Reads Listens Views 8/2/2013


It's already difficult enough for the NFL to pick a prized catch from the multitudes. Even so, it needs to keep getting better. See below. Photo from National Geographic.

It’s already difficult enough for the NFL to pick a prized catch from the multitudes. Even so, it needs to keep getting better. See below. Photo from National Geographic.

Views

Nica’s Dream – great tune performed by an excellent guitarist.

Football Read & Commentary

Thompkins might be an example of how most NFL teams weren't thorough enough with character evaluation. Photo by expatsfootball.com

Thompkins might be an example of how most NFL teams weren’t thorough enough with character evaluation. Photo by expatsfootball.com

Kenbrell Thompkins Rescues Himself From Woes – I think most of you get it: I’m rooting for Thompkins because I liked what I saw from him on the field. Another reason is what I read in Michael McKnight’s Sports Illustrated piece on Thompkins well before the Patriots signed him.  The Boston Herald delves a little deeper into Thompkins’ story now that the UDFA wide out has impressed just about everyone who has attended a training camp practice. I’ve written about the public and private scrutiny of character  and the gulf that young players often have to traverse to transition from college star to productive professional.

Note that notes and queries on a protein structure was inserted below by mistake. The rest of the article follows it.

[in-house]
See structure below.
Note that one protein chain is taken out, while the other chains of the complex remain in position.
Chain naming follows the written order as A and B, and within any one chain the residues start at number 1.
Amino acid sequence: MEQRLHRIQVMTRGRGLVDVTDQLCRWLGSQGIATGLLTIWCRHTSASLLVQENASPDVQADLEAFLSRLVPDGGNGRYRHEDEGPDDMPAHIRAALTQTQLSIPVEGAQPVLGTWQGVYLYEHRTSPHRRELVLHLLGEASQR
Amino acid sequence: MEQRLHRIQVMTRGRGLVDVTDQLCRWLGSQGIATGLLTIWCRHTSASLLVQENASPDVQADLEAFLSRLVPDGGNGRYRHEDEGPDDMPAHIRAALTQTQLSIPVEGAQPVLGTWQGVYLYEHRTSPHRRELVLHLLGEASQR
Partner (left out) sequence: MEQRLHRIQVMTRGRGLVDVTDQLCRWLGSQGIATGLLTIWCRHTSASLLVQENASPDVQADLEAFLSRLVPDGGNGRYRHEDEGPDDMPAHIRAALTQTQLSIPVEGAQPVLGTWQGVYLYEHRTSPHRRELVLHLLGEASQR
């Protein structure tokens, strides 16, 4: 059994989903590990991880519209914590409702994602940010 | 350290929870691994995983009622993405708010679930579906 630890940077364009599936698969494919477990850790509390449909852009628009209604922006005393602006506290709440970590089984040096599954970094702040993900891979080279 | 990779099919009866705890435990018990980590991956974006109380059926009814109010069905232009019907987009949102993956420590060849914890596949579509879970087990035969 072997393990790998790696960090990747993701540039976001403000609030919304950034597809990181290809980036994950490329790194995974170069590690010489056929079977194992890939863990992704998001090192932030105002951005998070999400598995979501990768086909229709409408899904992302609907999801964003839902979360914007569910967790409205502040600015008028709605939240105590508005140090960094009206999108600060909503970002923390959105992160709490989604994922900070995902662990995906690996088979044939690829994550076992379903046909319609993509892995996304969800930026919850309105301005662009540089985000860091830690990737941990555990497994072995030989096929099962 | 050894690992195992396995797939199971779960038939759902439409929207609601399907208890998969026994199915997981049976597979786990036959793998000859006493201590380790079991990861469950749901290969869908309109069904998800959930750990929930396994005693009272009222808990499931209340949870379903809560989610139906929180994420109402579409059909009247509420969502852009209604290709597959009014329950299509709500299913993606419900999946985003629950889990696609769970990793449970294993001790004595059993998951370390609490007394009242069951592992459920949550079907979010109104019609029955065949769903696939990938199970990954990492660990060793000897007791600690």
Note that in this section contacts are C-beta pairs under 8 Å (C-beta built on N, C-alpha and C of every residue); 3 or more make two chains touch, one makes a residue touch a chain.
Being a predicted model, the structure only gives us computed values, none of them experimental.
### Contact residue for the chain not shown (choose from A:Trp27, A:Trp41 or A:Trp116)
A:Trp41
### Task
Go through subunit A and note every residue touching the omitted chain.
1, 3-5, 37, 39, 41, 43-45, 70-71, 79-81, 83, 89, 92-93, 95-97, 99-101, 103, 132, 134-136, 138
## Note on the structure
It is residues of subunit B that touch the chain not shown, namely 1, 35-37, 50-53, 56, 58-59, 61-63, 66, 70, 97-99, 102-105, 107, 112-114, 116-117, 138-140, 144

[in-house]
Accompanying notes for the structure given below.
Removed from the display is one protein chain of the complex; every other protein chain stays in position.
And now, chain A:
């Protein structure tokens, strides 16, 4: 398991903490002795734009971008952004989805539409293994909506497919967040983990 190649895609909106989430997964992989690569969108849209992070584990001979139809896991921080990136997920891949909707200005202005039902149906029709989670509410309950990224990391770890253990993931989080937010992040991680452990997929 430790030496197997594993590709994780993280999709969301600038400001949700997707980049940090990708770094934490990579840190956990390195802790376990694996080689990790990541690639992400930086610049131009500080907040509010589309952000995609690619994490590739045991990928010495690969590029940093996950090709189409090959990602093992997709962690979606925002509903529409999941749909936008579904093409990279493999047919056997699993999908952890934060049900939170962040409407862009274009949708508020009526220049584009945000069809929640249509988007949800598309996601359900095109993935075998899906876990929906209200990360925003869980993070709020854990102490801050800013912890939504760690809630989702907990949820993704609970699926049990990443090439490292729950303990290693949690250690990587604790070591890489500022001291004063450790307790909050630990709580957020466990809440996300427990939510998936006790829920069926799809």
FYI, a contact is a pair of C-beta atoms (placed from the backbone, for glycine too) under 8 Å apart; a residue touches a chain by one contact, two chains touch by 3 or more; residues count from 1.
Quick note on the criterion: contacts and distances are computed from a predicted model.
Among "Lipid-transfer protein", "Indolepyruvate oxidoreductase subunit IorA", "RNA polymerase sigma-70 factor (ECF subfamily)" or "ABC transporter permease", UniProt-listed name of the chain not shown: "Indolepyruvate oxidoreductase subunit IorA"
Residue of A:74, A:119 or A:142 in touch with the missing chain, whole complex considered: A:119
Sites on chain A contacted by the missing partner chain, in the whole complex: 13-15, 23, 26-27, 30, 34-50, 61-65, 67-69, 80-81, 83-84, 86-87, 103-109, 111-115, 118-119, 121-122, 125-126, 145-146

I’m linking to Thompkins’ camp reports so much this preseason, because I think it’s important to celebrate people who turn their lives around and make good.  Regardless of whether he becomes a productive player, Thompkins is proof positive that people can grow past the mistakes of their youth. If it is true that NFL teams didn’t sign him due to his seven arrests in high school then it’s also an indication that there’s significant flaws in the evaluation process – especially when it comes to assessing character.

Read the two stories above and you’ll understand that this young man hasn’t been arrested in eight years. He’s been on a zero-tolerance program with Cincinnati’s Butch Jones. He worked his tail off in Torrance, California to learn the receiver position. He graduated with a degree in criminal justice.

If a team didn’t draft him due to seven arrests before adulthood then I have to believe that they aren’t examining players with enough depth or perspective. They didn’t consider when he was arrested and his law-abiding behavior since. If they interviewed any of the coaches, teammates, or family members of Thompkins, they either didn’t trust what they heard or took a way too cautious approach. I believe they were covering their asses.

It’s easy to jump through hoops and say you’re thorough, but if you’re not truly analyzing the information, what is all that time, money, and effort worth? That’s the blow-back of a public relations-conscious society: We spend more time focused on covering ourselves to avoid looking bad than actually spending the time to make a good decision. Saying you’re being thorough so you’re not scrutinized and being thorough so you can face it with confidence are two different things.

At the same time, Thompkins’ 78 catches, 1077 yards, and 4 touchdowns in 2 years isn’t fantastic college production so there could have been a good argument made that teams expected to be able to wait until the end of the draft to sign the receiver. However, the fact that Butch Jones had use his connections to sell the Patriots on Thompkins is a telling sign that the NFL saw “seven arrests” and didn’t bother to look hard enough.

There’s lots of talk from former scouts that NFL teams spend as much or more money on private investigators and delving into character than studying on-field performance. If that’s true, Thompkins is a developing into a compelling case why the quality of the legwork may need further review.